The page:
Allow for "overlap" of one displacement to the next. This is dependent on the volumetric efficiency, due to compressibility of your system liquid.
This may radically effect the level of flow fluctuation and pressure pulsation.
1. Input Data
VE – actual displacement divided by 100% volumetric displacement
L – Connection rod length
R – Crankshaft radius
VI – Volumetric inefficiency
X – stroke before valve opening
Parameter for calculation purposes
If in this example, the pump was a triplex then the flow would come to a complete halt between strokes. This is because a rotary driven reciprocating pump sucks & discharges for 180° of rotation and the next displacement begins after 120°. The overlap on triplex at 100% efficiency is therefore 60°. At 77.512% the calculation shows that the 60° has been lost, hence with no overlap the flow will come to a halt between displacements. It will be as "pulsatious" as a duplex.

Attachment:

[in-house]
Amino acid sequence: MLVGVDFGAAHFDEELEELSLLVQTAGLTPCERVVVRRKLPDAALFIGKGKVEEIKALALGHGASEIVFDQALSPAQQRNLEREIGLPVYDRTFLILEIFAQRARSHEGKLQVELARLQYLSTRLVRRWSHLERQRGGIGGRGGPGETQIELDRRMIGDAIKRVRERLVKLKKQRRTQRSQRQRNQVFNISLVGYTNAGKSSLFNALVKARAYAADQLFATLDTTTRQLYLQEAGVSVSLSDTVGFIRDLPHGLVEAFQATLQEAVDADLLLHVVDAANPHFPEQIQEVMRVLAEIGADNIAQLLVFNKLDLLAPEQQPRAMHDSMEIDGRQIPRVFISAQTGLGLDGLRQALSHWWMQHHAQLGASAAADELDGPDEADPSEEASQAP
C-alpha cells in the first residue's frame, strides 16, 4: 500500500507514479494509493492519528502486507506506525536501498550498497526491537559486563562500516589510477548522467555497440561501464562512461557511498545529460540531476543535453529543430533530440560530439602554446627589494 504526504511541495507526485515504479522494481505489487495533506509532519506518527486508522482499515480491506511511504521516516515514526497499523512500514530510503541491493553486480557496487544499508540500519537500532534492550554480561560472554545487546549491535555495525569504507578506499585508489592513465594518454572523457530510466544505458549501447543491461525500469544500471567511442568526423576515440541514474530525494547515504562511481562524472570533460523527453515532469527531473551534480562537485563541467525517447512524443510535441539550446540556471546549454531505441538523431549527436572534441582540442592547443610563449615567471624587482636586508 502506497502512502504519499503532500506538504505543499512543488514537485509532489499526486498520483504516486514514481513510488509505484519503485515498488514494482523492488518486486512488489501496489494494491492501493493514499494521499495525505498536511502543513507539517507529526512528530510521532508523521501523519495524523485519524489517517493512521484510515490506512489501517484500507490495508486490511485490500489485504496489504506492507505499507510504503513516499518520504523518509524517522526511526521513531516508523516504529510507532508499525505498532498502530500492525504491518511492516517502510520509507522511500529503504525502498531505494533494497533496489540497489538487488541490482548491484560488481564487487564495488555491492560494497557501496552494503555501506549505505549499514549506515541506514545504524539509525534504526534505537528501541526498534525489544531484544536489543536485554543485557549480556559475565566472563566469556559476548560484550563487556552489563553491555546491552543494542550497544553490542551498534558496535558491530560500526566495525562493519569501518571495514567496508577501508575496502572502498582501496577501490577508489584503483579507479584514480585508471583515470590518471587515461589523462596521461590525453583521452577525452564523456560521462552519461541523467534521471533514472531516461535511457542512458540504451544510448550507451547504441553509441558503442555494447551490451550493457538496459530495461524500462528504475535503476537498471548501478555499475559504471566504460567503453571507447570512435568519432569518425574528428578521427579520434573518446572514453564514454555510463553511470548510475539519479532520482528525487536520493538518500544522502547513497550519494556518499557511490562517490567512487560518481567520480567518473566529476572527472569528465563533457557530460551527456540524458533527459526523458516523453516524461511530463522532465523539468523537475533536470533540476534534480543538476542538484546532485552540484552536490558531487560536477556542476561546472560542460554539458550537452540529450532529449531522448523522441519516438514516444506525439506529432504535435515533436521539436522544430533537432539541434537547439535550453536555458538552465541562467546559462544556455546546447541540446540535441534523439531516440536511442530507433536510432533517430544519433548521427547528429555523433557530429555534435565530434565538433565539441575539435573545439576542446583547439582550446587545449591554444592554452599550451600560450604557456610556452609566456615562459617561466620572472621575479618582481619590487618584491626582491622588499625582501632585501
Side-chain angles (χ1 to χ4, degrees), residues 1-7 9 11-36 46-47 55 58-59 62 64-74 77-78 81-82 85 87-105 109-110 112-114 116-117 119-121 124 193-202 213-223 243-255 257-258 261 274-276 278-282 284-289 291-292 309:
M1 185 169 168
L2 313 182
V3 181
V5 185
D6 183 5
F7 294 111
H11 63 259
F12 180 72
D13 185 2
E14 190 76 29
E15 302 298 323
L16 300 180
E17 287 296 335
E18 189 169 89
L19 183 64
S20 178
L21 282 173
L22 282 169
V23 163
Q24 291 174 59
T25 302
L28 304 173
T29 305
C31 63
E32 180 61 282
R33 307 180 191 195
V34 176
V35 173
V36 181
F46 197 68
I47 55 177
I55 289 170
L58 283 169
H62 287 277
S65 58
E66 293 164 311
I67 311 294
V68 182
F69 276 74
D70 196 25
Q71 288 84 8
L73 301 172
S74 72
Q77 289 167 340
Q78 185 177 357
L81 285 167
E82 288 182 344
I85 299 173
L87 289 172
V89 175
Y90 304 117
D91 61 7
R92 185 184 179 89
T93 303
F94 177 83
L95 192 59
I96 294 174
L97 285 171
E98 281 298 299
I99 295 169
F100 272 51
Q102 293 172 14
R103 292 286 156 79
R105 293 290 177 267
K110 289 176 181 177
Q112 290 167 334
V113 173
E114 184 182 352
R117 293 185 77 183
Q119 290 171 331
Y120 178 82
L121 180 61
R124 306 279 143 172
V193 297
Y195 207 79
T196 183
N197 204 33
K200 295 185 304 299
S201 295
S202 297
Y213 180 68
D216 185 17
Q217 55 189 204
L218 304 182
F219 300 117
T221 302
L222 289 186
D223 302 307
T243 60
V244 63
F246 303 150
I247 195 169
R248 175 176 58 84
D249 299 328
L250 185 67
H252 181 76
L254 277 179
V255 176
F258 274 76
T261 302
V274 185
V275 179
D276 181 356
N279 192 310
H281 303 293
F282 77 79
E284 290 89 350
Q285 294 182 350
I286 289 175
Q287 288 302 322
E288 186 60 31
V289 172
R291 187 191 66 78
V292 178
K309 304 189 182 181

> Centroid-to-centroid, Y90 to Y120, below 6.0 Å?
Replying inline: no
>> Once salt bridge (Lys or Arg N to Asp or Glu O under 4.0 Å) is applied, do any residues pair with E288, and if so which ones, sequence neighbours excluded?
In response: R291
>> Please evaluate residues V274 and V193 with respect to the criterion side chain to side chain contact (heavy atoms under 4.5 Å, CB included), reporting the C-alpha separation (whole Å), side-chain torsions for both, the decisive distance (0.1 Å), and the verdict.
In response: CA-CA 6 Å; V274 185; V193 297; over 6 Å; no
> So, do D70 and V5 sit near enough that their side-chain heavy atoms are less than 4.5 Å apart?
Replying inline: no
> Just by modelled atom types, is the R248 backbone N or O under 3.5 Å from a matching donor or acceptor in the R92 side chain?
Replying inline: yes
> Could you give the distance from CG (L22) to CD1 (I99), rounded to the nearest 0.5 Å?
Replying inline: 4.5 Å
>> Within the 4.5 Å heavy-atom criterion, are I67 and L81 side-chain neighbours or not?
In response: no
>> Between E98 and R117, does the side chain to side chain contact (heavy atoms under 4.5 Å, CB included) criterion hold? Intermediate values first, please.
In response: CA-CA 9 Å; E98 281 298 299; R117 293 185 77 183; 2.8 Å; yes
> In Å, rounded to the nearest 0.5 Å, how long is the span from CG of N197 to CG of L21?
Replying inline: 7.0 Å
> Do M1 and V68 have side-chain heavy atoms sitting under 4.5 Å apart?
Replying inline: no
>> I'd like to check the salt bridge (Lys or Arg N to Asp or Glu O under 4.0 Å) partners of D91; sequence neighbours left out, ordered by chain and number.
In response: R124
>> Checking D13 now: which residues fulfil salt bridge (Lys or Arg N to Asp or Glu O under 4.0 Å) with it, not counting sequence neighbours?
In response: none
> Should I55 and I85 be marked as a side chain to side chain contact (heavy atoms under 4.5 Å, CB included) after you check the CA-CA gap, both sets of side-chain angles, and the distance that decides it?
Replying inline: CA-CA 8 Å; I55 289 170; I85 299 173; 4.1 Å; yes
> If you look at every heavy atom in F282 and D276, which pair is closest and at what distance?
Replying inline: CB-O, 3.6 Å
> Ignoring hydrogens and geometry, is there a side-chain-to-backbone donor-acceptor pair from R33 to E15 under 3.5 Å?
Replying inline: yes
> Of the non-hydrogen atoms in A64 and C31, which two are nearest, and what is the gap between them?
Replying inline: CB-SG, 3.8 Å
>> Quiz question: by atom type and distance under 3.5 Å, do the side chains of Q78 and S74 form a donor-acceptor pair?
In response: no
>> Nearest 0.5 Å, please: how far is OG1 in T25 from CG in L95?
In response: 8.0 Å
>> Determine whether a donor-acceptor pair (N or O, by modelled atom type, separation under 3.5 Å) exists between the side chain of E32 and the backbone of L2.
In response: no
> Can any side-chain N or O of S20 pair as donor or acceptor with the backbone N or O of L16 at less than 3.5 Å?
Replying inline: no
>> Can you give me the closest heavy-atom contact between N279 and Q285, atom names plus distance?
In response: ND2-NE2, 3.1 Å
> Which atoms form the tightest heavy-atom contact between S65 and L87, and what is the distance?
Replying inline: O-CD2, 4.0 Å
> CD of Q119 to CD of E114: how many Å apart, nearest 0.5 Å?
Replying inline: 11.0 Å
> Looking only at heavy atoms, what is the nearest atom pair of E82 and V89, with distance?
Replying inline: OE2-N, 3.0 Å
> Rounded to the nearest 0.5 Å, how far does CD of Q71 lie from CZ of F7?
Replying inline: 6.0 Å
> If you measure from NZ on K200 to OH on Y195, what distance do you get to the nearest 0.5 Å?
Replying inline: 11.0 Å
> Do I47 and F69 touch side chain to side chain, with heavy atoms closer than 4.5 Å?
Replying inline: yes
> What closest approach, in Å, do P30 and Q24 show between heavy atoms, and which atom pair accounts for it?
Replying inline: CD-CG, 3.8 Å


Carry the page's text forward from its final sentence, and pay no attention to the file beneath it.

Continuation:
By the same calculation as the example, if the efficiency was 85% then the lost angle would become 48°. With a "Quin" a new displacement should begin every 72 degrees (360/5), and as discussed above a triplex should displace every 120°. 120° minus 72°=48°. But at 85% efficiency, 48 has been lost, so a Quin can cause as much flow fluctuation as a perfect Triplex if the quin has low volumetric efficiency.
Therefore, A three headed diaphragm metering pump may produce flow fluctuations as bad as, or worse than, a duplex pump or double acting simplex pump.
A quintuplex, or 5 plunger pump, may produce flow fluctuations as good as, or worse than, a good triplex pump, it all depends on volumetric efficiency.
Consequently, where N2 is a divisor, you would have to treat a triplex N2 as 2x2=4, not 3x3=9.